So many articles you read online centre on insulating a house. As you may have read in one of our articles a few weeks back, the average home in the UK is a 3 bed semi. This means that companies tend to aim their products and marketing material at houses rather than flats and apartments. However, modern housing developments are seeing lots more flats being built due to the shortage of space and the cost of land. Many older properties are being split up into smaller flats for maximising rent and resale value.
Insulation for flats
Most flats are surrounded by other properties which help to keep them warm. Further, flats tend to have been built after the 2nd World War, which means they have cavity walls. This makes them much warmer than most older properties.
Having said that, it is always worth looking at insulating your property. Cavity wall insulation might be tricky, because everyone in the block is going to have to agree to the works – you can’t just insulate one floor. The alternative is to insulate internally, which will lose you a bit of space in the flat, but can be done on an individual wall and won’t need to involve the neighbours. External insulation is a possible approach for solid walls, but again you would need the whole block to be done, and the works would be extensive and expensive.
How to heat your flat
Flats present some specific challenges in terms of heating. Space is always an issue, so a compact heating system is crucial. Electrical heating can be convenient, but it is often expensive compared to gas. Of course, many flats do not have a gas supply, especially high rises, so you have limited choice. This means there is usually a trade off somewhere along the line. The most popular heating methods are usually one of the following:
- Combi Boiler – For a flat that has a gas supply, a combi boiler is a good choice. Gas heating is cheap and a combi doesn’t suffer from all the extra space that is taken up by a system boiler.
- Community Heating – In larger blocks, a community boiler is often installed. These are usually fairly cheap to run and only need radiators in the property, but the controls then become really important, and you may end up paying a service charge even if you don’t use the heating much.
- Electric Storage Heaters – These take advantage of cheaper night tariffs, but in doing so it means that electricity throughout the day is more expensive than a standard tariff. So watching TV at 4pm costs twice as much, which tends to even out the savings made from storage heaters. Another problem with storage heaters is that they don’t tend to be a very comfortable – or cheap – way of heating. Complaints are always made that they lose their heat in the afternoon and they are extremely expensive.
- Infrared – A relatively new form of heating. The advantage here is that the heaters are much slimmer and sleeker than storage heaters and still efficient when compared to electric heaters. Infrared is also run on the standard tariff, which means that day to day activities are cheaper (11p/kWh as opposed to 18p/kWh).
Why is infrared the best for landlords?
We have separated out the benefits of Infrared into landlords and tenants to give you a clearer outline as to why it is the best.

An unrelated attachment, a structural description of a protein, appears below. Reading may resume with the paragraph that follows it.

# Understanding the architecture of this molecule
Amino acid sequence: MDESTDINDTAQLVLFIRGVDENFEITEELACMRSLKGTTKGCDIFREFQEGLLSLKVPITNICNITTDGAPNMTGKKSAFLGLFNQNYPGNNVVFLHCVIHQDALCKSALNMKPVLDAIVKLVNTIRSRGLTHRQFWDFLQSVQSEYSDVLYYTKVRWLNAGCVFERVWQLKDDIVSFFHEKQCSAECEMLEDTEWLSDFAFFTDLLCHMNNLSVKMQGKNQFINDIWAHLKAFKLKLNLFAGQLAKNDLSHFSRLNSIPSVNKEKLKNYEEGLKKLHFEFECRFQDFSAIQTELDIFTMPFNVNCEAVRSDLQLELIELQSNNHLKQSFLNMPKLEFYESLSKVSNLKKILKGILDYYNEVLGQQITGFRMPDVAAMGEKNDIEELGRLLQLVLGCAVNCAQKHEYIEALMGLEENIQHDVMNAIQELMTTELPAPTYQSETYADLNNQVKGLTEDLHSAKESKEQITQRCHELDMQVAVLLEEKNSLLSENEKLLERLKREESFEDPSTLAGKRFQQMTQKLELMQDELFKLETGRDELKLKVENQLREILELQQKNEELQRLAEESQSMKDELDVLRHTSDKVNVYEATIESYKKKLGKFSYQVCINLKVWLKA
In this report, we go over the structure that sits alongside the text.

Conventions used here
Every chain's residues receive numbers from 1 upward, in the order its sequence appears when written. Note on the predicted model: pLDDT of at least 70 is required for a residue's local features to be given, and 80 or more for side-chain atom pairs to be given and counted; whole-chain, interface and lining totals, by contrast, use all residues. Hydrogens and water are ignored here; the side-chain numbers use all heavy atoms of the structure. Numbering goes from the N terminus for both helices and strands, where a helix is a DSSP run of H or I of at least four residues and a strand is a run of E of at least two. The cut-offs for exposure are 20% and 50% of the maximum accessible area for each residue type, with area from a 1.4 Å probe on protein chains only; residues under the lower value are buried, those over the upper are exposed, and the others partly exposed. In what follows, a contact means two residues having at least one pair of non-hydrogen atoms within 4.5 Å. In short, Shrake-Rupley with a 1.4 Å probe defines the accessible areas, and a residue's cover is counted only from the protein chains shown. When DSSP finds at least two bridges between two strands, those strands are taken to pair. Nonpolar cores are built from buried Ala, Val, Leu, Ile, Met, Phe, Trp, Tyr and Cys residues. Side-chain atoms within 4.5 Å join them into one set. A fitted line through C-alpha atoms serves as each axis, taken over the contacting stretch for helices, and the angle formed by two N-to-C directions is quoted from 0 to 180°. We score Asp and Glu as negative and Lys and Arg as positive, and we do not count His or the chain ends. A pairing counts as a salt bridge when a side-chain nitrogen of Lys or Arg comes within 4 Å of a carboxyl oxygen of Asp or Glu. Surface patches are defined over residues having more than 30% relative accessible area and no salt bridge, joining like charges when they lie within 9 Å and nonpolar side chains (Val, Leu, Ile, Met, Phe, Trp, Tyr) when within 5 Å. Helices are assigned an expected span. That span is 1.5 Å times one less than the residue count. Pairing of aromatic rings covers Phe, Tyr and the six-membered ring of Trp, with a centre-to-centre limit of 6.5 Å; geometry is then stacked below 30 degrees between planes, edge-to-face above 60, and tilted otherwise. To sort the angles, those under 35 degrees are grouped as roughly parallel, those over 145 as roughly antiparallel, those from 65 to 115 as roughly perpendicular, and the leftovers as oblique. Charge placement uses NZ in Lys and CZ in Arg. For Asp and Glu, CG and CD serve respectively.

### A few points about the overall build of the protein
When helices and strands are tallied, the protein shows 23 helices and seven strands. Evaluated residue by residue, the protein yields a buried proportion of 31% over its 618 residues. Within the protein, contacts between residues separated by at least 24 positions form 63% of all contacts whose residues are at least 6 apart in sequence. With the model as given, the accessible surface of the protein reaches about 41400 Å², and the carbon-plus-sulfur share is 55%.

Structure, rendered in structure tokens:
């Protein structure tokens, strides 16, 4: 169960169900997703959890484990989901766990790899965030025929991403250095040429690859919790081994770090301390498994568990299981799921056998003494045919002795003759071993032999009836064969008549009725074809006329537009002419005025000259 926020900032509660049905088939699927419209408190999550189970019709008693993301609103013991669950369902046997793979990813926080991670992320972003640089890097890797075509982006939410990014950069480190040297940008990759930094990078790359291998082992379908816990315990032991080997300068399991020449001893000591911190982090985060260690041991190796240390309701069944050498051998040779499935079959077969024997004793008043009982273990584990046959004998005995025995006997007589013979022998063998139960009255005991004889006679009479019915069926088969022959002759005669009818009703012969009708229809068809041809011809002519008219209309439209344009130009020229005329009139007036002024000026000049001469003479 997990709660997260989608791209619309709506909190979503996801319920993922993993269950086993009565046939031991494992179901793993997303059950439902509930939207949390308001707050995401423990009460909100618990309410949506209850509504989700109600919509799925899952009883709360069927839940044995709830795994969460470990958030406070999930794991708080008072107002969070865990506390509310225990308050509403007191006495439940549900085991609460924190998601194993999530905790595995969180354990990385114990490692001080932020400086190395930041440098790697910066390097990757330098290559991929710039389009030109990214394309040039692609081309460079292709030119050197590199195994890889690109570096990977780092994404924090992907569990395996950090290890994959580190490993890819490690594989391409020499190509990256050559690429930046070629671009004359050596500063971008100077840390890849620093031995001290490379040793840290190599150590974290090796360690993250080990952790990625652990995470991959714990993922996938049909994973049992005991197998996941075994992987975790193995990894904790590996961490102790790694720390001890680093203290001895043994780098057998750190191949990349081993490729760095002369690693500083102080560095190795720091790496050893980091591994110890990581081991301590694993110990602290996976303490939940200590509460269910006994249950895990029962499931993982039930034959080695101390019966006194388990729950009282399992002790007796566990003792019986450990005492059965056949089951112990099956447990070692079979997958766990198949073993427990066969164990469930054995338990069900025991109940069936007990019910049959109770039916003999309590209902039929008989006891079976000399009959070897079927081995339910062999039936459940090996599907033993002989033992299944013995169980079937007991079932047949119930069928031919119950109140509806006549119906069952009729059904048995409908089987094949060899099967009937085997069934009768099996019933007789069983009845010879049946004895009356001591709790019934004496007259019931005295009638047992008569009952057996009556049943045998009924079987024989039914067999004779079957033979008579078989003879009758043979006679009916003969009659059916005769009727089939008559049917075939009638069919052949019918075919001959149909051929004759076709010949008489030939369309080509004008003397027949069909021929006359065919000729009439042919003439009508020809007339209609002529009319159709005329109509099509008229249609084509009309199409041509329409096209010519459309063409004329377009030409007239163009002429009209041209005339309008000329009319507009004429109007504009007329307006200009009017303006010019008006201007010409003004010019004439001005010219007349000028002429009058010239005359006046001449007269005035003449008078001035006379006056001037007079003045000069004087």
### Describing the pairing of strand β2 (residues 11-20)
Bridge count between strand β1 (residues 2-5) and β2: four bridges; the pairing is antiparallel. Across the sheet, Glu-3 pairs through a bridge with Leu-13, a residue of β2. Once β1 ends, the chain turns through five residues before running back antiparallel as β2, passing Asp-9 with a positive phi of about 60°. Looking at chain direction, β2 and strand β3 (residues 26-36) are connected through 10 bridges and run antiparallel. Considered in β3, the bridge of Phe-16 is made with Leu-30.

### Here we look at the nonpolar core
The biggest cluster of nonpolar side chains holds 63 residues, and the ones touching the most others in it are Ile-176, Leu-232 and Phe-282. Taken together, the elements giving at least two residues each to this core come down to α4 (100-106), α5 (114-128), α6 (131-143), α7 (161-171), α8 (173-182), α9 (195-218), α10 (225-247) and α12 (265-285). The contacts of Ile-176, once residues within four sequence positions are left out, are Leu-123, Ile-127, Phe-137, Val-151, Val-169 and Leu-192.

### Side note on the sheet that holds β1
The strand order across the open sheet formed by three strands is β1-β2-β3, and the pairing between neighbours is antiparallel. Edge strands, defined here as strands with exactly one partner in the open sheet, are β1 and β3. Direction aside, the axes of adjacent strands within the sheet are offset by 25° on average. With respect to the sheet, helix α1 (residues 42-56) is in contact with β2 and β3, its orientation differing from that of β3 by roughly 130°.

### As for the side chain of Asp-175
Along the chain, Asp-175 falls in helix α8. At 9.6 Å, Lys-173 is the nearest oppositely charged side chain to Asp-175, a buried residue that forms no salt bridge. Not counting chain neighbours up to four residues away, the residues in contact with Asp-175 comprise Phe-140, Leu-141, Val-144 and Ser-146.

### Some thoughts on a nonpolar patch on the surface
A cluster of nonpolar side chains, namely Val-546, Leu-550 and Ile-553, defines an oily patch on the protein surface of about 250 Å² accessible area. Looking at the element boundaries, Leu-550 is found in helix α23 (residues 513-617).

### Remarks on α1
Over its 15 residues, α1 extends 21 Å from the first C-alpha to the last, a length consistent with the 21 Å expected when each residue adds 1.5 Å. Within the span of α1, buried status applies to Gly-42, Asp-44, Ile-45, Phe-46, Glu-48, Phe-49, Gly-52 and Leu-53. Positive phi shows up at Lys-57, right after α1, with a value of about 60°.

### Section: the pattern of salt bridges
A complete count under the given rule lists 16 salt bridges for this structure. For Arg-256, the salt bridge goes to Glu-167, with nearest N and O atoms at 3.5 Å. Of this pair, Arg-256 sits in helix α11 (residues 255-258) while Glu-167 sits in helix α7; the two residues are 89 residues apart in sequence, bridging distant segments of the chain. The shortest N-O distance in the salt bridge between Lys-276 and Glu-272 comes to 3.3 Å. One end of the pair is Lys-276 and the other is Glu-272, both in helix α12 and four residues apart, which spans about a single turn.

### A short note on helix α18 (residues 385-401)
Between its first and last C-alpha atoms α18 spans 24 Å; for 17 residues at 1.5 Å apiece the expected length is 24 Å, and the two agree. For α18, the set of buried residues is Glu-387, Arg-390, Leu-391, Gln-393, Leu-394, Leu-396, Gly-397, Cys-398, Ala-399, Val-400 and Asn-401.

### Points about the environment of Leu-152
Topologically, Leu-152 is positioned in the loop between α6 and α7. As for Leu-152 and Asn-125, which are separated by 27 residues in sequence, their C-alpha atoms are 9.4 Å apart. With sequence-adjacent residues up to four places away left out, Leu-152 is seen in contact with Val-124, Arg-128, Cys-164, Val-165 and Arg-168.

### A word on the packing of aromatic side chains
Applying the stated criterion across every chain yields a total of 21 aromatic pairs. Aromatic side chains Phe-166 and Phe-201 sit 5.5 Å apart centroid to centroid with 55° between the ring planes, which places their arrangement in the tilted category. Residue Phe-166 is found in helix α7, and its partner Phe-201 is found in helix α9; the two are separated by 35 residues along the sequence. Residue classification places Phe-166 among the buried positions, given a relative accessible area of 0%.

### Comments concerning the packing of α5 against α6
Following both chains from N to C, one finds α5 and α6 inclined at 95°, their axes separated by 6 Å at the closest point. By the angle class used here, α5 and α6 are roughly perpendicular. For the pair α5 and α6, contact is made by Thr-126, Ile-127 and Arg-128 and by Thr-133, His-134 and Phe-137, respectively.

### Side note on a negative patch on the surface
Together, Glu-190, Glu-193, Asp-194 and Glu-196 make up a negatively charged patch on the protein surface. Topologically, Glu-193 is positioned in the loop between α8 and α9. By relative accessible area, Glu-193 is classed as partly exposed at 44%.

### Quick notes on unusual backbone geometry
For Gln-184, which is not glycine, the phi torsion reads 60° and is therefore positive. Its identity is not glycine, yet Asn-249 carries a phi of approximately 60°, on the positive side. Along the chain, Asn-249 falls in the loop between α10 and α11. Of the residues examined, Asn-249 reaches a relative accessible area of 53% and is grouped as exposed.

- Cheap to install
Infrared heating panels are much cheaper to install than new storage heaters – take a look at the products below! Much cheaper than equivalent storage heaters!
Decent panels start at around £109.99, and although they go up to around £900 (for the specialised mirror panels), you can kit out a large living room and two bedrooms for around £800 altogether – you’d be looking at £2,000 for storage heaters.
- Maintenance free
Everyone knows how maintenance heavy storage heaters are, with lots of moving parts. This means that they are prone to breaking down and not working. Infrared heating panels don’t have any moving parts, and along with the long warranties – from 5 to 10 years – they give you peace of mind.
- Comfortable heating
Gone are the days of moaning tenants. Infrared heating panels are run through thermostats so they have instant control over time and temperature. This means that if the temperature suddenly drops, all they have to do it turn up the thermostat and they feel that extra warmth.
- Property value
Old storage heaters can drastically reduce the resale value of the property. Infrared is a growing heating method while storage heaters are on the way out. Make sure your property is future-proofed with infrared.
Currently you may be struggling to keep warm all the way through the day. Storage heaters are designed to store heat from the night until you need it in the evening. However, a lot of storage heaters actually lose all of their heat throughout the day. This means in the evening, when you want the heat the most, it’s not there. Infrared heating panels are run on thermostats, so you are always warm.
- Cheap to run
Infrared heating panels don’t waste energy (and money) by heating air that can just leave the room through draughty door frames and windows – as well as people opening doors. Instead, they heat surfaces – this minimises power consumption while maximising output. Infrared requires around 1/3rd of the electricity required by an electric convection heater and up to 1/5th of a storage heater!
Infrared heating panels are bulky, awkward and very ugly. Even the brand new ones aren’t great to look at. However, infrared heating panels can actively enhance a room. They come in coloured glass finishes, mirror and even picture! Make sure that you have the most stylish heating around.
Infrared heating is 100% safe and healthy. It is how to sun heats the earth after all – without all of that nasty UV. Infrared is beyond the visible light spectrum so you can’t see it. It promotes circulation within your body and doesn’t kick up any dust or allergens because it doesn’t rely on convection.